Every once in a whiles comes a movie out from Bollywood that is based on a novel, such as Omkara (Othello), Maqbool (Macbeth), Lootera (The Last Leaf) among many others. Fitoor, as is made clear in the opening credits of the film, is itself based on the widely read Charles Dickens’ Great Expectations. With that piece of knowledge in mind, one’s expectations go very high with a movie like this. Sadly, despite the solid beginning, the movie falters and fizzles out by the end.

Fitoor means a kind of madness, generally a madness for something or someone. You could call it obsession or passion, but I feel fitoor is a little more quirky in a way.

We are introduced to Noor (Pip from the novel), a young, shy boy in Kashmir. Coming from a low class family, he works with his brother in law as a carpenter. They are hired to carry out some works at the huge estate, inhabited by Begum Hazrat (Mrs. Havisham from the novel) and her daughter Firdaus (Estella from the novel). Despite the fact that Firdaus belongs to a high class family, the two children still spend time having fun. It’s not long enough when Firdaus is sent away to London by her mother, who disapproves of her daughter being friends with a low class boy. Noor is indeed heartbroken.

Many years later, Noor (Aditya Roy Kapoor) has grown up to be budding artist and a mysterious benefactor, who doesn’t want to be named, sends Noor to Delhi on an art scholarship. Noor assumes it’s Firdaus’ mother. There he meets Firdaus (Katrina Kaif), who herself has returned from London having studied design. Old flames are revived in Noor, but Firdaus has no feelings for him. She is hooked to her own boyfriend. This doesn’t deter Noor from pursuing the love of his life. 

Circumstances change, and Noor becomes a successful artist, all the while Firdaus is getting married to Bilal, a Pakistani diplomat. Begum Hazrat (Tabu), is adamant that her daughter doesn’t fall for Noor and tries her best to keep the two separate. We enter the rather unique backstory of Begum and understand where her hatred for the world comes from, and why she is so persistent in trying to make sure her daughter doesn’t find happiness. With a series of twists in everyone’s lives, circumstances change, and everyone’s expectations of what they will get in their lives are all turned around.

This was one movie I really wanted to like for three reasons: the source material, the production values and the awesome music (Ye Fitoor Mera is my favorite of them all and made for awesome music in the theater!) So what went wrong?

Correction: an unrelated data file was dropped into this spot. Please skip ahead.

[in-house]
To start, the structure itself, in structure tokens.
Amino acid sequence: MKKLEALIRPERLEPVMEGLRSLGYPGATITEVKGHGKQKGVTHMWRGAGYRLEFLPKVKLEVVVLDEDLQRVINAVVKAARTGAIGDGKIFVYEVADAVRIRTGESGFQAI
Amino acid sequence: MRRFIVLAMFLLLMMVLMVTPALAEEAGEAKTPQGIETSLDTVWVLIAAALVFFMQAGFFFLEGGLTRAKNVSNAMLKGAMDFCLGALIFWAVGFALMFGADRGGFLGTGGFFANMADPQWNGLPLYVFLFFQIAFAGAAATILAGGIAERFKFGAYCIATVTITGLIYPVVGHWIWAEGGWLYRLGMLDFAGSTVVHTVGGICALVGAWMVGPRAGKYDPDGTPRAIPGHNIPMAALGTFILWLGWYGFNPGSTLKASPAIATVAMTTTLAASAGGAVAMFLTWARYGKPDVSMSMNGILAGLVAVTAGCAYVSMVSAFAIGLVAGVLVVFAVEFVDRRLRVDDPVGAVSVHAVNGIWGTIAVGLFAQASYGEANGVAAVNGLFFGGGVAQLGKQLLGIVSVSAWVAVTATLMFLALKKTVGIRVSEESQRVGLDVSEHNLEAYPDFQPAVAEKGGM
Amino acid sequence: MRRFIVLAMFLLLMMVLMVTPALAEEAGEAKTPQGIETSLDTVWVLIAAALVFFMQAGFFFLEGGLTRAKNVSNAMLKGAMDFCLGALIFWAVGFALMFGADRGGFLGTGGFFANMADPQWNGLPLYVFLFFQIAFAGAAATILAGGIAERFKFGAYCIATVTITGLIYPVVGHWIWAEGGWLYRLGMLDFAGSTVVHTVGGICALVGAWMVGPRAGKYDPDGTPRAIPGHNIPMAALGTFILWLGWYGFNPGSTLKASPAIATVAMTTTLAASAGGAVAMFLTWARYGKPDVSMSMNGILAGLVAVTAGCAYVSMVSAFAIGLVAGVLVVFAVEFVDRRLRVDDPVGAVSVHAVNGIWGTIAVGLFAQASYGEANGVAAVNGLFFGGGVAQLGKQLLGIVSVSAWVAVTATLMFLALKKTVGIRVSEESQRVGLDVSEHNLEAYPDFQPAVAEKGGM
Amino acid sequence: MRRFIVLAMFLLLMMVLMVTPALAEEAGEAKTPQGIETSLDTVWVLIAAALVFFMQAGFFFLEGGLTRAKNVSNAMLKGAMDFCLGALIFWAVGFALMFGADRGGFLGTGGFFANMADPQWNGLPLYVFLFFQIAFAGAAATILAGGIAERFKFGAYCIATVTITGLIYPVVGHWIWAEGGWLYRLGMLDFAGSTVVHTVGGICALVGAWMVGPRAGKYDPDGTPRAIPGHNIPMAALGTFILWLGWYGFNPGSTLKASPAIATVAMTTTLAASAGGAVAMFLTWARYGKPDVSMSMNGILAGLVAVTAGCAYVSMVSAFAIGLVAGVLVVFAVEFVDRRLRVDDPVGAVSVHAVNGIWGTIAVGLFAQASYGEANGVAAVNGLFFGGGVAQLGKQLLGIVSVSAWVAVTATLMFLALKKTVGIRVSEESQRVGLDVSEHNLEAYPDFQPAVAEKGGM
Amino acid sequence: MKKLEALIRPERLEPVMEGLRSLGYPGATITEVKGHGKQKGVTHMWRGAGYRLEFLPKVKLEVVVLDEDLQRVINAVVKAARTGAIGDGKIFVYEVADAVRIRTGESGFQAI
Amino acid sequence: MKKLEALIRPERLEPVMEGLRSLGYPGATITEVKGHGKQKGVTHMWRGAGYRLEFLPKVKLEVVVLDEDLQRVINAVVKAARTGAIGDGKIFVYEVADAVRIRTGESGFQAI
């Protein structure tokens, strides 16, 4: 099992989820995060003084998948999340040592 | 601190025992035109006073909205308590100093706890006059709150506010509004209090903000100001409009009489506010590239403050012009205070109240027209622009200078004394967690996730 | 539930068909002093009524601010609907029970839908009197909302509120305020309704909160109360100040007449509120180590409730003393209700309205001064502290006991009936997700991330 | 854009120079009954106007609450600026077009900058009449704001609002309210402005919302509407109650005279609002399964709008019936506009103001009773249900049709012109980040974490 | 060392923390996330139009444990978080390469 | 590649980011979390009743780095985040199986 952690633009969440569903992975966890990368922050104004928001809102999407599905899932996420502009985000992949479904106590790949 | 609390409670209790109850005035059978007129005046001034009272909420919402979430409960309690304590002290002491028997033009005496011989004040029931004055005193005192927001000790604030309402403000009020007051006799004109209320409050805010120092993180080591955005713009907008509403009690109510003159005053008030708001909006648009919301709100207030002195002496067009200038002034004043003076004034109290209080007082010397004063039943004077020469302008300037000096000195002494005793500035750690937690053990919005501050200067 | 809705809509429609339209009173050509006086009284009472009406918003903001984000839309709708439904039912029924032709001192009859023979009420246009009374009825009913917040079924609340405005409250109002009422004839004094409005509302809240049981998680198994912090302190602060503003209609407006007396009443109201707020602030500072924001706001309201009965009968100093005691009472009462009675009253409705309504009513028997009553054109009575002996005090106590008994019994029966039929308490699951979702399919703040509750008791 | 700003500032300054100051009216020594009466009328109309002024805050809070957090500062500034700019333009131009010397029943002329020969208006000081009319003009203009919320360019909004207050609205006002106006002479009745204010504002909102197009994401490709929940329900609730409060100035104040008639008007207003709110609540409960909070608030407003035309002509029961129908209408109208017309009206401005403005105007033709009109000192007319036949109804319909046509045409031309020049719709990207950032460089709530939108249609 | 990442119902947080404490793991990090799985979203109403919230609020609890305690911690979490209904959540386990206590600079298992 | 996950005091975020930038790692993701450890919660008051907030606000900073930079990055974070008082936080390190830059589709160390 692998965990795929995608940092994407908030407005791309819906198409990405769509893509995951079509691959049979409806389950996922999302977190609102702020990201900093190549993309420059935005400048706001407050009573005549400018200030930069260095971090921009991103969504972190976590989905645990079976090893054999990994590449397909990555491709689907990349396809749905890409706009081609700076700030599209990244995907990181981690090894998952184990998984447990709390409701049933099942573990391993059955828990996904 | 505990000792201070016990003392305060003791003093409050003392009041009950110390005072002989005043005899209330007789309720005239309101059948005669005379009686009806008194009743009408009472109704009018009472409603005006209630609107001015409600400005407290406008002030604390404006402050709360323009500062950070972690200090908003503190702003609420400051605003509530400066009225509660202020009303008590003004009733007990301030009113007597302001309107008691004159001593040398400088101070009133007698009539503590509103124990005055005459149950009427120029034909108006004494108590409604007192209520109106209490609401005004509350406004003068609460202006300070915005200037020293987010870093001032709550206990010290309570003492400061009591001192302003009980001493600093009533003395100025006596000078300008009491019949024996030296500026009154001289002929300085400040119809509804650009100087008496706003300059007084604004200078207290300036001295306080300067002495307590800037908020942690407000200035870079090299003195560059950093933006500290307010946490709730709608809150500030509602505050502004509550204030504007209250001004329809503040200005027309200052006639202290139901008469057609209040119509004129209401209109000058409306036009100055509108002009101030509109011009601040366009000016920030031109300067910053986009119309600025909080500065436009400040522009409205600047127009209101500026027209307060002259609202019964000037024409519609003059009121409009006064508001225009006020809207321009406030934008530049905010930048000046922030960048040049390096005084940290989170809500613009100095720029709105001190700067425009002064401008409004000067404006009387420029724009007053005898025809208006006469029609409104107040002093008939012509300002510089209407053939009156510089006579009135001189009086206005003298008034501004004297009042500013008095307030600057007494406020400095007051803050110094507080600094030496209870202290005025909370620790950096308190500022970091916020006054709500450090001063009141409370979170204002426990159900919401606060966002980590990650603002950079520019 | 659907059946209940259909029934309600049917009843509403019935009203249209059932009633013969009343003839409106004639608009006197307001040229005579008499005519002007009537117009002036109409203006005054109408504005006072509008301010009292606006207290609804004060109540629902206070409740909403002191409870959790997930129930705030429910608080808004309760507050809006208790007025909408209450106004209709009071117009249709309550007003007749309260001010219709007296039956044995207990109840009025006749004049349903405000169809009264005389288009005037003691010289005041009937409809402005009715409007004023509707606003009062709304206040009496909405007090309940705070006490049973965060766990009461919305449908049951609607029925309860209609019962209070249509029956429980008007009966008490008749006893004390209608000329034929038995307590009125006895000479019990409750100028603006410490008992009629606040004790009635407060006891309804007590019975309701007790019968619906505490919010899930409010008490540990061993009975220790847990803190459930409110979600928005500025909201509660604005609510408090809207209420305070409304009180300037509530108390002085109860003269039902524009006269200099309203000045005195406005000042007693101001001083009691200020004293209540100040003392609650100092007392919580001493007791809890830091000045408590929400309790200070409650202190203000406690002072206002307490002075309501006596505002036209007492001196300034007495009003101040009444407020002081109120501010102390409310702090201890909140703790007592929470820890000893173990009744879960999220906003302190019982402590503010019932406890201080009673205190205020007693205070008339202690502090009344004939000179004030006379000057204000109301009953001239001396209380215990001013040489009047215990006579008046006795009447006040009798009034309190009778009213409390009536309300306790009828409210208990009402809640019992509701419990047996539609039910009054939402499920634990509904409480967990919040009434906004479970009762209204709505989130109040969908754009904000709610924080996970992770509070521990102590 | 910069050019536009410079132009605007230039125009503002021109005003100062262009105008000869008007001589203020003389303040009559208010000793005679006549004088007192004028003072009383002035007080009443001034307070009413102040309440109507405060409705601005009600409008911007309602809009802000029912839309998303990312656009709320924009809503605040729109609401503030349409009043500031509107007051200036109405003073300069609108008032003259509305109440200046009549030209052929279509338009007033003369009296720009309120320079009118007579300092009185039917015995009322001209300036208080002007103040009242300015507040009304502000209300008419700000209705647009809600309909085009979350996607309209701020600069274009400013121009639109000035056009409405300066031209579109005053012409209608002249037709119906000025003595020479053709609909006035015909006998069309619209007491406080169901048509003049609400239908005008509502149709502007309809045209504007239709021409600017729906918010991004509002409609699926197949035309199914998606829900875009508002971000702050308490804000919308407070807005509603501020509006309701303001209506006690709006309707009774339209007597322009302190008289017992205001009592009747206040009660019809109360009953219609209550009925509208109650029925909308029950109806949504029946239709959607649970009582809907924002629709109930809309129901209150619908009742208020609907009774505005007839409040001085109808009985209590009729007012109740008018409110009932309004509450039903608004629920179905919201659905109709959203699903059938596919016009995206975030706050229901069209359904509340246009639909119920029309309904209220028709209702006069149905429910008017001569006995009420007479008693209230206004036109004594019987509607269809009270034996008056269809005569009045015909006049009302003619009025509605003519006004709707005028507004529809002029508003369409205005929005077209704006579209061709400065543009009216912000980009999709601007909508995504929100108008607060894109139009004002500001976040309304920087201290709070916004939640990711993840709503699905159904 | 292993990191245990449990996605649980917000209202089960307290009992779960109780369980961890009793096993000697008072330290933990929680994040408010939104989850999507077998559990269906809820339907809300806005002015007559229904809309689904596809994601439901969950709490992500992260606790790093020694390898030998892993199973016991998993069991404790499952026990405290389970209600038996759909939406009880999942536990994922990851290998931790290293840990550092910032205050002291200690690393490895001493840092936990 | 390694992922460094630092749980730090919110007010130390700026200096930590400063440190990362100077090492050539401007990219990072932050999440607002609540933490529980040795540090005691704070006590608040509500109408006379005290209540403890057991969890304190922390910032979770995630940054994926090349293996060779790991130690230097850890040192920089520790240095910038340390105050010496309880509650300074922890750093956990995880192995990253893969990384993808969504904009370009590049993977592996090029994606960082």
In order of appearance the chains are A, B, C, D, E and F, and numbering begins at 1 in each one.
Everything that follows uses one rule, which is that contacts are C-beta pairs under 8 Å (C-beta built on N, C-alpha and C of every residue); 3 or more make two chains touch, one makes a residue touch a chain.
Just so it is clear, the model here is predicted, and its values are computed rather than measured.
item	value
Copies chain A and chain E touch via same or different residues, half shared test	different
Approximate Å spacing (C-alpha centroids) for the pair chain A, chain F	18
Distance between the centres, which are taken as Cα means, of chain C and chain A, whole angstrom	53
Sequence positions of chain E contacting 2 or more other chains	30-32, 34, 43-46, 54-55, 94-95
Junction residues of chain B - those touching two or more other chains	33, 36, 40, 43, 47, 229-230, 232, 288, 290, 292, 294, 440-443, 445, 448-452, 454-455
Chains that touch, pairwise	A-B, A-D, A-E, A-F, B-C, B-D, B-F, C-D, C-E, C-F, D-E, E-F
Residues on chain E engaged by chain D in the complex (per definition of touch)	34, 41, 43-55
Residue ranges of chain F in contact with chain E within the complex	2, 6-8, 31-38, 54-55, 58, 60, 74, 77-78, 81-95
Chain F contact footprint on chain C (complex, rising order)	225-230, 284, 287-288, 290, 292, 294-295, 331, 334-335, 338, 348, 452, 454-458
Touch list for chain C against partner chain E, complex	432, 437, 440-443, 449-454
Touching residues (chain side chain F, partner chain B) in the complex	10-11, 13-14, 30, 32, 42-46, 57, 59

One, the lead actors. Aditya Roy Kapoor may have spent a year in getting that near perfect body, complete with six packs, but his acting just couldn’t keep up with such a character. Noor required a lot of intense and passion, which Kapoor had in some moments, but otherwise didn’t. He needs to fire his hairstylist too for giving him such an unattractive hairstyle too. (Ranveer Singh or Ranbir Kapoor were better choices!)

Katrina Kaif fares a lot worse. She looks amazing, especially with that smoking red hot hair, but that’s about it. She just cannot act. I didn’t connect to her character at all and for me, every time she came on screen, that was when the movie would go downhill. (Priyanka Chopra or Deepika Padukone were better choices!)

The only thing that saved these young actors was Tabu, who played the mother. She brought such an intensity to the role, that you can feel her anger and remorse. She would light up the screen and bring some excitement to the unfolding drama.

Two, the story. The pacing of it all was slightly off. We didn’t really need that song in English, nor did we need long, lingering scenes of Kashmir, not to mention several side characters. The diversion from the main characters proved to be distracting, with various subplots of terrorism etc. Though the movie is only 2 hours 11 minutes, the pacing is indeed slow for what could have been a great movie otherwise.

Three, the end. What the Dickens? What just happened? When movie makers tend to wrap things up ever so neatly, one cannot help but wonder why they chose to take the lazy way out.

Since I’ve read the book, I wish the makers had dealt with the great themes that were present in the book: wealth, social class, redemption through love, ambition and the role money plays in one’s advancement in life. Since the movie has been declared a huge flop, word is out that one of the main reasons for Fitoor being declared a colossal flop is that the director had massive creative differences with the producers, where the director wanted to stay faithful to the novel and the producers wanted to Bollywood-ize the movie (which explains the exclusion of the song Pashmina from the movie).

On a side note, I did notice that there was a LOT of red color used everywhere– from Firdaus’ dresses, to Noor’s car, to his painting, to Firdaus’ hair, to red Chinar leaves– basically everywhere. Was not sure what it meant to symoblize, but it was everywhere.

Even though there was a huge potential to make it a success, Fitoor is a disappointing adaptation of a great novel. Watch at your own risk.

2 out of 5




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